the "megamachine," see Erich Fromm, The Anatomy of Human Destructiveness,
1973, at 380-398 (The Connection Between Necrophilia and the Worship of Technique), and
381 (definition of "gadgeteer").
2 Freud's expression; see
Sigmund Freud, On Metapsychology,Vol. 11, compiled and edited by Angela Richards,
1955, 1957, 1958, 1961, 1962, 1964, 1984, at 307-308 ("'daemonic force").
3 Freud's expression;
ibid., at 309 ("organic compulsion to repeat" and "heredity").
4 Ibid., at
275-338 (Beyond the Pleasure Principle).
5 Ibid., at
307 (repetition, mastery, and pleasurable experiences).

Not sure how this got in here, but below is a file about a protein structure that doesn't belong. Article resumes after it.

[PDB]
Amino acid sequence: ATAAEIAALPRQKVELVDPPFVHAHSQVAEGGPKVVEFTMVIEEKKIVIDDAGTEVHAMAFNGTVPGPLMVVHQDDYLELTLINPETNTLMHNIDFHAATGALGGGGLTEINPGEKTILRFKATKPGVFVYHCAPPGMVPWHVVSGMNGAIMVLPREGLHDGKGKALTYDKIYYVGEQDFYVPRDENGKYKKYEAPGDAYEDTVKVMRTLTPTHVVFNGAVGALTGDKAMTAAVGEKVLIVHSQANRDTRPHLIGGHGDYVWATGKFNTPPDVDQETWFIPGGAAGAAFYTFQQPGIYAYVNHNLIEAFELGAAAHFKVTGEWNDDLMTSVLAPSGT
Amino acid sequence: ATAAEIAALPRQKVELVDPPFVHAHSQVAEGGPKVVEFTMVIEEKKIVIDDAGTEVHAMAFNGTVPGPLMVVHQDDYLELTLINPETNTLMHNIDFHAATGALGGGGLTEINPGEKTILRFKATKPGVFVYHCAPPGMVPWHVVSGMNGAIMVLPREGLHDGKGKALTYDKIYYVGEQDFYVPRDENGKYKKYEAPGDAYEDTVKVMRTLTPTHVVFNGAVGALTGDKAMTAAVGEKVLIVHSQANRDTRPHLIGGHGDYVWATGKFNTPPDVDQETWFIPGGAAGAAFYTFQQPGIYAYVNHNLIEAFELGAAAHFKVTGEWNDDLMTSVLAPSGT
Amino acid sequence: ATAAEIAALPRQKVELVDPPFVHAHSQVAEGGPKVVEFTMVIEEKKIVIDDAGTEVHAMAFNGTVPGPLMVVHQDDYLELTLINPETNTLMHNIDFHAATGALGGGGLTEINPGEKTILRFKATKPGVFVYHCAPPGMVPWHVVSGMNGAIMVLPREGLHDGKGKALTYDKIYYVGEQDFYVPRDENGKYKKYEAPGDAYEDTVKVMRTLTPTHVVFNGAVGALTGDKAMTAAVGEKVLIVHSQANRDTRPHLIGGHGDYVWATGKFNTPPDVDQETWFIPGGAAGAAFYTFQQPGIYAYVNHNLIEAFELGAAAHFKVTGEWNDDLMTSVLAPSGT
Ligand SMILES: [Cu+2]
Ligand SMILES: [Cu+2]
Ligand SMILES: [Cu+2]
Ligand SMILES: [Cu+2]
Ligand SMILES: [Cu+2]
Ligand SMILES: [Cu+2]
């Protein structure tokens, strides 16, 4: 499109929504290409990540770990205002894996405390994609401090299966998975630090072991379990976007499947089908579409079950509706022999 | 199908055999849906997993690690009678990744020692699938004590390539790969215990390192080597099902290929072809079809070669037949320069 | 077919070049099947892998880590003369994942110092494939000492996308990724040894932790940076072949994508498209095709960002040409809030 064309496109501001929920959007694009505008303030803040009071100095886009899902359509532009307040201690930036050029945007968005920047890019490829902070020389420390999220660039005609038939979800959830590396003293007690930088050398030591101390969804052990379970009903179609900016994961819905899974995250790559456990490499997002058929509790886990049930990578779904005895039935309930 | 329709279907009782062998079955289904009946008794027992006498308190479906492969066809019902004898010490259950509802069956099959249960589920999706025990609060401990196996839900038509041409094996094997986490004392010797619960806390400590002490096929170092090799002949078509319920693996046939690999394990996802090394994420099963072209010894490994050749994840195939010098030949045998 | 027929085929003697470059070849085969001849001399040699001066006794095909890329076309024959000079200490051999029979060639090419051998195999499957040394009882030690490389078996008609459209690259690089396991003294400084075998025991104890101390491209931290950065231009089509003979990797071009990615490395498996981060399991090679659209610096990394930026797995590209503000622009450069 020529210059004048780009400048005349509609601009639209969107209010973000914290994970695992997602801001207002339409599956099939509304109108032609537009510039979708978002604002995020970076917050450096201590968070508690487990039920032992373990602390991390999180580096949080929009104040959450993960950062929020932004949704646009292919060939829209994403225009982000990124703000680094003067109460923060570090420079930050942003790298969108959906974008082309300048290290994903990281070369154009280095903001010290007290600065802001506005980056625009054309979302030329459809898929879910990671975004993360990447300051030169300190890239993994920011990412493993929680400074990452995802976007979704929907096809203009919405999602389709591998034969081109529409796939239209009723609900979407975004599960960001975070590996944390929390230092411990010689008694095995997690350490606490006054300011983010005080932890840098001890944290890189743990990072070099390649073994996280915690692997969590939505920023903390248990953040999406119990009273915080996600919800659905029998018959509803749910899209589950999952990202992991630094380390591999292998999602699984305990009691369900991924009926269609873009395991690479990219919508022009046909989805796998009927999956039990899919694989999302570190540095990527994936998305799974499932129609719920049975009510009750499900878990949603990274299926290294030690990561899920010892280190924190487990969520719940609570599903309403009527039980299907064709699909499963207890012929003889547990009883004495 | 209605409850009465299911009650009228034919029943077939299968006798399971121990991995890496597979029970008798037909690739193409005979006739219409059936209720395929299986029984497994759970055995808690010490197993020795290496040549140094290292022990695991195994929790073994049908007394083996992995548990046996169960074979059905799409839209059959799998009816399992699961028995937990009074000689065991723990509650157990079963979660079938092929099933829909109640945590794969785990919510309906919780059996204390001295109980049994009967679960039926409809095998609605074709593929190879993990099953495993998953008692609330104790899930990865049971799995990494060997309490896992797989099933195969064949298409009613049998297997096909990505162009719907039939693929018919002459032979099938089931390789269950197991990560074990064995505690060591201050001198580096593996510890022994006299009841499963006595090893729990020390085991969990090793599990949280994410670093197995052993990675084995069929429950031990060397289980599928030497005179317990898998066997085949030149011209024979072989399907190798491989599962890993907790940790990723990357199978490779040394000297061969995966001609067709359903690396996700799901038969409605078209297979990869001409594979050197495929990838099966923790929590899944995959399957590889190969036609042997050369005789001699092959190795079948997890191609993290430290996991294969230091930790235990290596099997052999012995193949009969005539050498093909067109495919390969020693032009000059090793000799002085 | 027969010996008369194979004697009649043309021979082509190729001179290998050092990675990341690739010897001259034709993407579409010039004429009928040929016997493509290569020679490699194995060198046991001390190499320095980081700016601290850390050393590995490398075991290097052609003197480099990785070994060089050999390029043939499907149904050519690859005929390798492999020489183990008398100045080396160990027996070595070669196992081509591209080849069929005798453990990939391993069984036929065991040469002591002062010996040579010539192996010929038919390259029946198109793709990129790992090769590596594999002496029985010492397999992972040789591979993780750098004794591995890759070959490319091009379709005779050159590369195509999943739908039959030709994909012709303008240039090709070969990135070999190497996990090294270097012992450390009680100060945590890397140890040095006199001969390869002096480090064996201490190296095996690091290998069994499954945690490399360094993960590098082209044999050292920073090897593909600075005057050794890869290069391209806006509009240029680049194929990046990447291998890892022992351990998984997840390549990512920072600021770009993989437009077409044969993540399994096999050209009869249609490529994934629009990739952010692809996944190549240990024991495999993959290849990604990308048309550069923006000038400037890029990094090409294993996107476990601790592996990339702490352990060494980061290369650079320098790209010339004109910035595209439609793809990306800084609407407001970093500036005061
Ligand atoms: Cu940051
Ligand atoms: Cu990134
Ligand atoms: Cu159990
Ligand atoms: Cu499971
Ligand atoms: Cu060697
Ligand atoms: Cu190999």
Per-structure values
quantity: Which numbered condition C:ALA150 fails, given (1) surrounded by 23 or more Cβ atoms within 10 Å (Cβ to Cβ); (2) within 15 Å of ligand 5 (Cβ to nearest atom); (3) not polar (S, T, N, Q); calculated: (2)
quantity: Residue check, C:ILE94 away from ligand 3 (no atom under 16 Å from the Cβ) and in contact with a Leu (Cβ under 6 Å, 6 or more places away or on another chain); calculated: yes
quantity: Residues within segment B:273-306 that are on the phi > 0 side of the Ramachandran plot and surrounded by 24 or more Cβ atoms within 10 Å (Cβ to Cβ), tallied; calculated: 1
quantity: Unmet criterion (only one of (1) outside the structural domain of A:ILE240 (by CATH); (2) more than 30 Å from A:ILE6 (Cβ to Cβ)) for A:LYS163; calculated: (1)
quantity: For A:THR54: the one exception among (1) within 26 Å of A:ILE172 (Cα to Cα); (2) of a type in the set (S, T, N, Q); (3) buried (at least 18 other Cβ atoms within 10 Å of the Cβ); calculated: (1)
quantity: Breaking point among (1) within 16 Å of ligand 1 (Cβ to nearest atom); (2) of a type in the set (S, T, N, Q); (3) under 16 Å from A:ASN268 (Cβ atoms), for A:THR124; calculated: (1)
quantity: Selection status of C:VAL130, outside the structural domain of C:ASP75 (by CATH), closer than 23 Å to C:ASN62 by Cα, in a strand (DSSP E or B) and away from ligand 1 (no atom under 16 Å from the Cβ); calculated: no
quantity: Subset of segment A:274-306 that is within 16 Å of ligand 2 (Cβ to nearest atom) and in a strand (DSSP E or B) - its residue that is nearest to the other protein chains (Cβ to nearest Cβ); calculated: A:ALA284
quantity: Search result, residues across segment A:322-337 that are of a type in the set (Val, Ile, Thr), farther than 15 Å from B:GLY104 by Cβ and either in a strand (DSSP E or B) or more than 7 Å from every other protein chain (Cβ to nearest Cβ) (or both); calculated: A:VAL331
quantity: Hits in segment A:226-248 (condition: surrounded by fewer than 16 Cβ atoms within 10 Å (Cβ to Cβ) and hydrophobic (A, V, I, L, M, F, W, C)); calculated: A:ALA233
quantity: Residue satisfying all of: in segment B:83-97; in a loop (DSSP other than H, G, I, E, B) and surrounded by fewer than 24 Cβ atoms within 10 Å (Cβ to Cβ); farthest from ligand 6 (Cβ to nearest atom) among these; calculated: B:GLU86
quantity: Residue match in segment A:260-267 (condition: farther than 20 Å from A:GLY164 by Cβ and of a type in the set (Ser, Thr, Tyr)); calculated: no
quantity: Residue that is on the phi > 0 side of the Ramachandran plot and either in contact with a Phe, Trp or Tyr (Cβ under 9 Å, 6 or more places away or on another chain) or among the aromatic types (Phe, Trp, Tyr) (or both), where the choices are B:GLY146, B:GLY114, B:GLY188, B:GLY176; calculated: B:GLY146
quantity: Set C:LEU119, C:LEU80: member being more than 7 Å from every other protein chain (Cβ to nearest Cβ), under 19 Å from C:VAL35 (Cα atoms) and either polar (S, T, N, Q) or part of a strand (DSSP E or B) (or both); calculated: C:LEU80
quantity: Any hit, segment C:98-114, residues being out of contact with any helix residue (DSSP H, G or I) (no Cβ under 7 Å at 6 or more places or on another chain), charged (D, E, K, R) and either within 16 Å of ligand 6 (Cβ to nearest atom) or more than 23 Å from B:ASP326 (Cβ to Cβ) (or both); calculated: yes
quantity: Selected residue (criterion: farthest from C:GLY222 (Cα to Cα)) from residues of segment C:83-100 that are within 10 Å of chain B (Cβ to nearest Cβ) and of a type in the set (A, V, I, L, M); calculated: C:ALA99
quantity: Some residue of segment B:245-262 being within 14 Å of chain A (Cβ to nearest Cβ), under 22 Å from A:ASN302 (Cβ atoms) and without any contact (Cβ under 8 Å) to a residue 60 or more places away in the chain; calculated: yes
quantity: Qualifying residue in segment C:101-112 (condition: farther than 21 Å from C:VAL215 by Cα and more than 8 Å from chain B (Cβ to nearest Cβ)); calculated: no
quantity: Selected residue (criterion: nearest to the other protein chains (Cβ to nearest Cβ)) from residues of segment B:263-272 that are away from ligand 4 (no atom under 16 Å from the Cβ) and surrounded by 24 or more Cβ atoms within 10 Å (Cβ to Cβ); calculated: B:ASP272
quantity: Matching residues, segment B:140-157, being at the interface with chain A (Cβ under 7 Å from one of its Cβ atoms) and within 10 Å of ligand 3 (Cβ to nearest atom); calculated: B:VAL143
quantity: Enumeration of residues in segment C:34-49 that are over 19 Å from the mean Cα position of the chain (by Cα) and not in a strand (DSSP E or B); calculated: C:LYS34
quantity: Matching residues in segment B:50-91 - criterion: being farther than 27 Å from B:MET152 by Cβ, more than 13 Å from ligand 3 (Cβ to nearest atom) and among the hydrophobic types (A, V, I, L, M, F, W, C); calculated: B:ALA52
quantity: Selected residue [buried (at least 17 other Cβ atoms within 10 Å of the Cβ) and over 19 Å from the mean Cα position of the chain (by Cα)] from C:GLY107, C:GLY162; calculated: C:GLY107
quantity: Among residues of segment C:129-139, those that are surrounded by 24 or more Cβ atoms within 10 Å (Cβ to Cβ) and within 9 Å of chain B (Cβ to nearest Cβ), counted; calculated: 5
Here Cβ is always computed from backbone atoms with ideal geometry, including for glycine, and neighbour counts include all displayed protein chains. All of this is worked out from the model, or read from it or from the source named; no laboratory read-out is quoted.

6 See Sigmund
Freud, On Metapsychology, Vol. 11, compiled and edited by Angela Richards, 1955,
1957, 1958, 1961, 1962, 1964, 1984, at 308 (purely infantile behavior).
7 Ibid., at
310 (change and progress as "deceptive appearance"), 311 ('the aim of all
life is death'; "more complicated détours before reaching its aim of
death"), 312-313 (repetition as a "lengthening of the road to death"), and
319, 322, 329 (connection between the "Nirvana principle," the
"pleasure principle," and the "death instinct"), and 413-415 (the
"Nirvana principle" belongs to the "death instinct").
8 See Erich Fromm, The
Anatomy of Human Destructiveness, 1973, at 380-398 (The Connection Between Necrophilia
and the Worship of Technique), especially 388-389 ("[f]or the marketing character
everything is transformed into a commodity").
9 Ibid., at
382 ("necrophilous tendencies").
10 Ibid., at
383-384 ("divine velocity"); the idea of divine velocity is from